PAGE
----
Another alternative to traditional bank accounts that has sprung up is having your money stored in a so-called crypto-currency, with bitcoin being the most prominent example. These currencies exist on the internet and are accumulated by their own users, making them international and decentralised, and thereby out of the reach of any state or central bank. There are numerous disadvantages with crypto-currencies, such as big volatility in exchange rates and relatively few retailers accepting them as means of payment, plus internet is required to access them. But, they also enjoy some unique features that could prove to be especially useful in certain cases. For instance, migrant workers wanting to send money home could do so without having to pay exchange fees, which can otherwise be very costly. In some countries, like Malaysia, there have even been fees on remittances themselves, with the purpose of reducing outflow of the local currency, something which could also be circumvented by using the decentralised crypto-currencies.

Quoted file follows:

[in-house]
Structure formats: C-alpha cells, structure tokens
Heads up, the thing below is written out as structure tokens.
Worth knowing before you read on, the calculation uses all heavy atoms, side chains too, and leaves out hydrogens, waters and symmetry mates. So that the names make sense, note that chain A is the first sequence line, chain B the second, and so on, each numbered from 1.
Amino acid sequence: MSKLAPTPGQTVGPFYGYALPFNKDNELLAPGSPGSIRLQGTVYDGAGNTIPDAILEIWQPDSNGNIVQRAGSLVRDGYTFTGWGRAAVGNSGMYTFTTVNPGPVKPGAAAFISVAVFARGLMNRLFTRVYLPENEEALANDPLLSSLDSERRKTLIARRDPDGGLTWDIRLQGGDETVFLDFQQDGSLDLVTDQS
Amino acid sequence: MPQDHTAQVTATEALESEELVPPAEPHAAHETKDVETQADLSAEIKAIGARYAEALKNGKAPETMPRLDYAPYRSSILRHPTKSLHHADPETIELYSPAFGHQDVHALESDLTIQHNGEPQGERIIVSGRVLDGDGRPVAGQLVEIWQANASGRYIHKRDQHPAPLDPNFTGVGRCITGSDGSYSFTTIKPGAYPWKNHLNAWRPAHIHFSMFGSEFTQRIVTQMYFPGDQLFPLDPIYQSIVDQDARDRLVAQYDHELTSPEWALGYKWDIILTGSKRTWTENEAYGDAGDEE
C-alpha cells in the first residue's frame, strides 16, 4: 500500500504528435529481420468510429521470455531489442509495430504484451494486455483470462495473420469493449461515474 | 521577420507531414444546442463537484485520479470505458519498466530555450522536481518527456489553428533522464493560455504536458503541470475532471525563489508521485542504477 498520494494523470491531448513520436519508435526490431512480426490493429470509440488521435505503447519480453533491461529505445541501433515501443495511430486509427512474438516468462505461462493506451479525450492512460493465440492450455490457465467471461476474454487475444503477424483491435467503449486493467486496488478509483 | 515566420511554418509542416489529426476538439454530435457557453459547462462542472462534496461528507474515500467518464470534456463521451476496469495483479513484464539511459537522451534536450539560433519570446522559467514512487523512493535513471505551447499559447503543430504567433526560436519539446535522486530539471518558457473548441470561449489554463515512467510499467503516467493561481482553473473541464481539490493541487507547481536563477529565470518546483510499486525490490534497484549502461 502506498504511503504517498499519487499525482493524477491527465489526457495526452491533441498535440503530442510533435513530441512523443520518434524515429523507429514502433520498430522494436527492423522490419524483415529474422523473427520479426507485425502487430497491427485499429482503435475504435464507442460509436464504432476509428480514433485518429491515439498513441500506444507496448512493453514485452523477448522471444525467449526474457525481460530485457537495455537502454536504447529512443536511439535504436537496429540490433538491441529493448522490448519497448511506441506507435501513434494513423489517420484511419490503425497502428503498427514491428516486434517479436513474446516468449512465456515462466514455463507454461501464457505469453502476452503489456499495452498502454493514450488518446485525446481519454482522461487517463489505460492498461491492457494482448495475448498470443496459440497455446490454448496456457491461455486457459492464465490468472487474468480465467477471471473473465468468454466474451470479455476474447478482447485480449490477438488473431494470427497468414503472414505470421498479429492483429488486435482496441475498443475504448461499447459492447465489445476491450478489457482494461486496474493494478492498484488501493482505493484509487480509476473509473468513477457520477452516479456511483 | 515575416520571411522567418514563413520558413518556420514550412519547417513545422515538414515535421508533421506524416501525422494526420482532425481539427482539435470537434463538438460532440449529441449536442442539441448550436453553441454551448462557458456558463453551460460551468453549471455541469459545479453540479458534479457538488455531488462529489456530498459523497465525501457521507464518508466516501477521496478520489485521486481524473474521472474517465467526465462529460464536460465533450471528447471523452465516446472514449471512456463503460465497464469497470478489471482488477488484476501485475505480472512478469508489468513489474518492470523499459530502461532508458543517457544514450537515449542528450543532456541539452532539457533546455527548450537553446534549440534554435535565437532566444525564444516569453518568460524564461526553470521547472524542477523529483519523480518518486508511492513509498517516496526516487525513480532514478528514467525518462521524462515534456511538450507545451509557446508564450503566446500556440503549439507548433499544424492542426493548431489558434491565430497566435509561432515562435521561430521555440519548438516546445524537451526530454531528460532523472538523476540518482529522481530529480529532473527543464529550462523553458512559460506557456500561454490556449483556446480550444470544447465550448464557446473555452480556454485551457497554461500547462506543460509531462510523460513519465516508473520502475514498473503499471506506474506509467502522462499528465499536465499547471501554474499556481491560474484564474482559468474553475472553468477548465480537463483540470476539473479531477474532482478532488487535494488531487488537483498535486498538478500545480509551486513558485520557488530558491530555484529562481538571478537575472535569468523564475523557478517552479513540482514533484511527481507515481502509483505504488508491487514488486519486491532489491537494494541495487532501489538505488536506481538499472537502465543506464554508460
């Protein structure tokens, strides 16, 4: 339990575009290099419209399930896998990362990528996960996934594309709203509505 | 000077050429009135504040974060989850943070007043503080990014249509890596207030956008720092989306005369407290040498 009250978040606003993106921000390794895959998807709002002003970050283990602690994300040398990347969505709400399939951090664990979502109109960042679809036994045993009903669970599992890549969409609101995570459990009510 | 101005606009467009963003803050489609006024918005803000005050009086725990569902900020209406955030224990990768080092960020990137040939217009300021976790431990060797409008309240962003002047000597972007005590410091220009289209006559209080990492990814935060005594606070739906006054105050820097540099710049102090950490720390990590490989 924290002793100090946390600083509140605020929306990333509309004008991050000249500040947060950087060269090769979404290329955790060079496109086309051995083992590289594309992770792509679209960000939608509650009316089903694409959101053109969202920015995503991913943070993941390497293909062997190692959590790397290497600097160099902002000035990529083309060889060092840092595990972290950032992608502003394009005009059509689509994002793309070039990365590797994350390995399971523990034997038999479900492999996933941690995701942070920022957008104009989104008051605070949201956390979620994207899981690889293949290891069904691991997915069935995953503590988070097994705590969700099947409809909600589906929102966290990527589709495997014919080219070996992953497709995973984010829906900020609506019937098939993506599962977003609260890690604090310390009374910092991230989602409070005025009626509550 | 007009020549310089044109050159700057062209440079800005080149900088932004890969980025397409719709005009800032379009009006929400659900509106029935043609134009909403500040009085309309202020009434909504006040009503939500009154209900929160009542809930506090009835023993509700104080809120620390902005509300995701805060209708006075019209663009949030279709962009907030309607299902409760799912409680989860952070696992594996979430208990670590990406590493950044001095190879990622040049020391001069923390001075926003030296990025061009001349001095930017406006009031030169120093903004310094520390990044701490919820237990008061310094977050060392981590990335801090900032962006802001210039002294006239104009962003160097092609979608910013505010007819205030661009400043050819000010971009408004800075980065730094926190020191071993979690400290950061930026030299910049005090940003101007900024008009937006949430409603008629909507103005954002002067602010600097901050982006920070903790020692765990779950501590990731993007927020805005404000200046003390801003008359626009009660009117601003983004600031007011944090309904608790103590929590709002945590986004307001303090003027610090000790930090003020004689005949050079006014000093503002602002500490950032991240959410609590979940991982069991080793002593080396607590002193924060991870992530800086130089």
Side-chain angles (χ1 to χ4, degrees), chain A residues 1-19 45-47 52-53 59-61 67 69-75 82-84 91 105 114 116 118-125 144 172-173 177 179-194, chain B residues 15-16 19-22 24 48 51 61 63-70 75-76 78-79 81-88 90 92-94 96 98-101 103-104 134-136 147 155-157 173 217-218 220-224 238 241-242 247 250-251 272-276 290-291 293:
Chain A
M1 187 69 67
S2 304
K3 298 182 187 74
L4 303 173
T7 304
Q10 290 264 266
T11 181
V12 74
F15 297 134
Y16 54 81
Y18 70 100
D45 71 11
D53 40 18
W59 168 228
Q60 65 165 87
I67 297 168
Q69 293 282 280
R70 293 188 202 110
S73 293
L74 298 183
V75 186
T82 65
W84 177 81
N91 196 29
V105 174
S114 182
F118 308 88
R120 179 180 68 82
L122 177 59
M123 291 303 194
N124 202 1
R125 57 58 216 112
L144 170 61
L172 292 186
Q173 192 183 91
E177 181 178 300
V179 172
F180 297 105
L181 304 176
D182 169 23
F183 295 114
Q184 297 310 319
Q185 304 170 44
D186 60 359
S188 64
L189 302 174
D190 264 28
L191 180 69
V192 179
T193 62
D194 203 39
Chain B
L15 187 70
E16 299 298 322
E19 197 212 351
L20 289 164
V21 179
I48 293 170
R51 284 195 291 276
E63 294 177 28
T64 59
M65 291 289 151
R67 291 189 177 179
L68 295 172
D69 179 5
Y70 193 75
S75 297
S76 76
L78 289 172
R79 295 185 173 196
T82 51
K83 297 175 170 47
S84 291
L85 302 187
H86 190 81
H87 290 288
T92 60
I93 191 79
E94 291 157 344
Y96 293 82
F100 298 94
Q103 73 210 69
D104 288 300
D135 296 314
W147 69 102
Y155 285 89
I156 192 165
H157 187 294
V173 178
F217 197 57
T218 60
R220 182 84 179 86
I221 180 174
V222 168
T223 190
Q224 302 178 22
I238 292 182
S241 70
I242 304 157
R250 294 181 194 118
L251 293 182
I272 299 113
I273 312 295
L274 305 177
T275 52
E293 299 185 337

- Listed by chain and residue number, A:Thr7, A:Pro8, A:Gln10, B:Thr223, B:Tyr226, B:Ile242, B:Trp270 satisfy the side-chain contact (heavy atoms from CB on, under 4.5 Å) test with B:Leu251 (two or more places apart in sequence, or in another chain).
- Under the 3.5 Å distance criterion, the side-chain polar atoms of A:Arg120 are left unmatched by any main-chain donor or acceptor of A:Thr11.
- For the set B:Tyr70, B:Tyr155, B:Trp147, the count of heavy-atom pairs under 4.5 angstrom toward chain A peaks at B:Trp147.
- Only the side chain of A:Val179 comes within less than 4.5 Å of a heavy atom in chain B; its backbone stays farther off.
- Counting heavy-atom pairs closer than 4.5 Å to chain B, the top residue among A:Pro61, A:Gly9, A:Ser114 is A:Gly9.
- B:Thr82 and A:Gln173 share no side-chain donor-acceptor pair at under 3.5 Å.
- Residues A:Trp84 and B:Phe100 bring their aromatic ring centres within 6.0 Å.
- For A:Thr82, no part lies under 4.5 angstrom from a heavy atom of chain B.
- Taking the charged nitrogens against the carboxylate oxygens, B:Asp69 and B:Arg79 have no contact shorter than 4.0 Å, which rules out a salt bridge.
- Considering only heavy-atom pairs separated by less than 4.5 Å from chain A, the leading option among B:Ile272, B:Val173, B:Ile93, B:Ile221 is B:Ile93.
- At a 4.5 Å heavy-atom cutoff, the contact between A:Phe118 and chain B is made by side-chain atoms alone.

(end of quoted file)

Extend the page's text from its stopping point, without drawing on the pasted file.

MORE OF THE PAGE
Bitcoin has yet to see a massive breakthrough, but if that breakthrough comes, it will probably change the concept of money as we know it.

If these alternatives to the traditional banking sector truly grow to become fully established on the financial service market remains to be seen. The wide spread use of mobile phones might very well work in favour of newcomers like M-Pesa. Governments trying to supervise the flow of money could spur people to turn to different kinds of money altogether, something that hasn’t been practically possible until recently. No matter what particular solution developing countries adopt, the rapid development in this area ought to at least contribute to a more positive future. Maybe the end of poverty is closer than we think?

Jan Novotny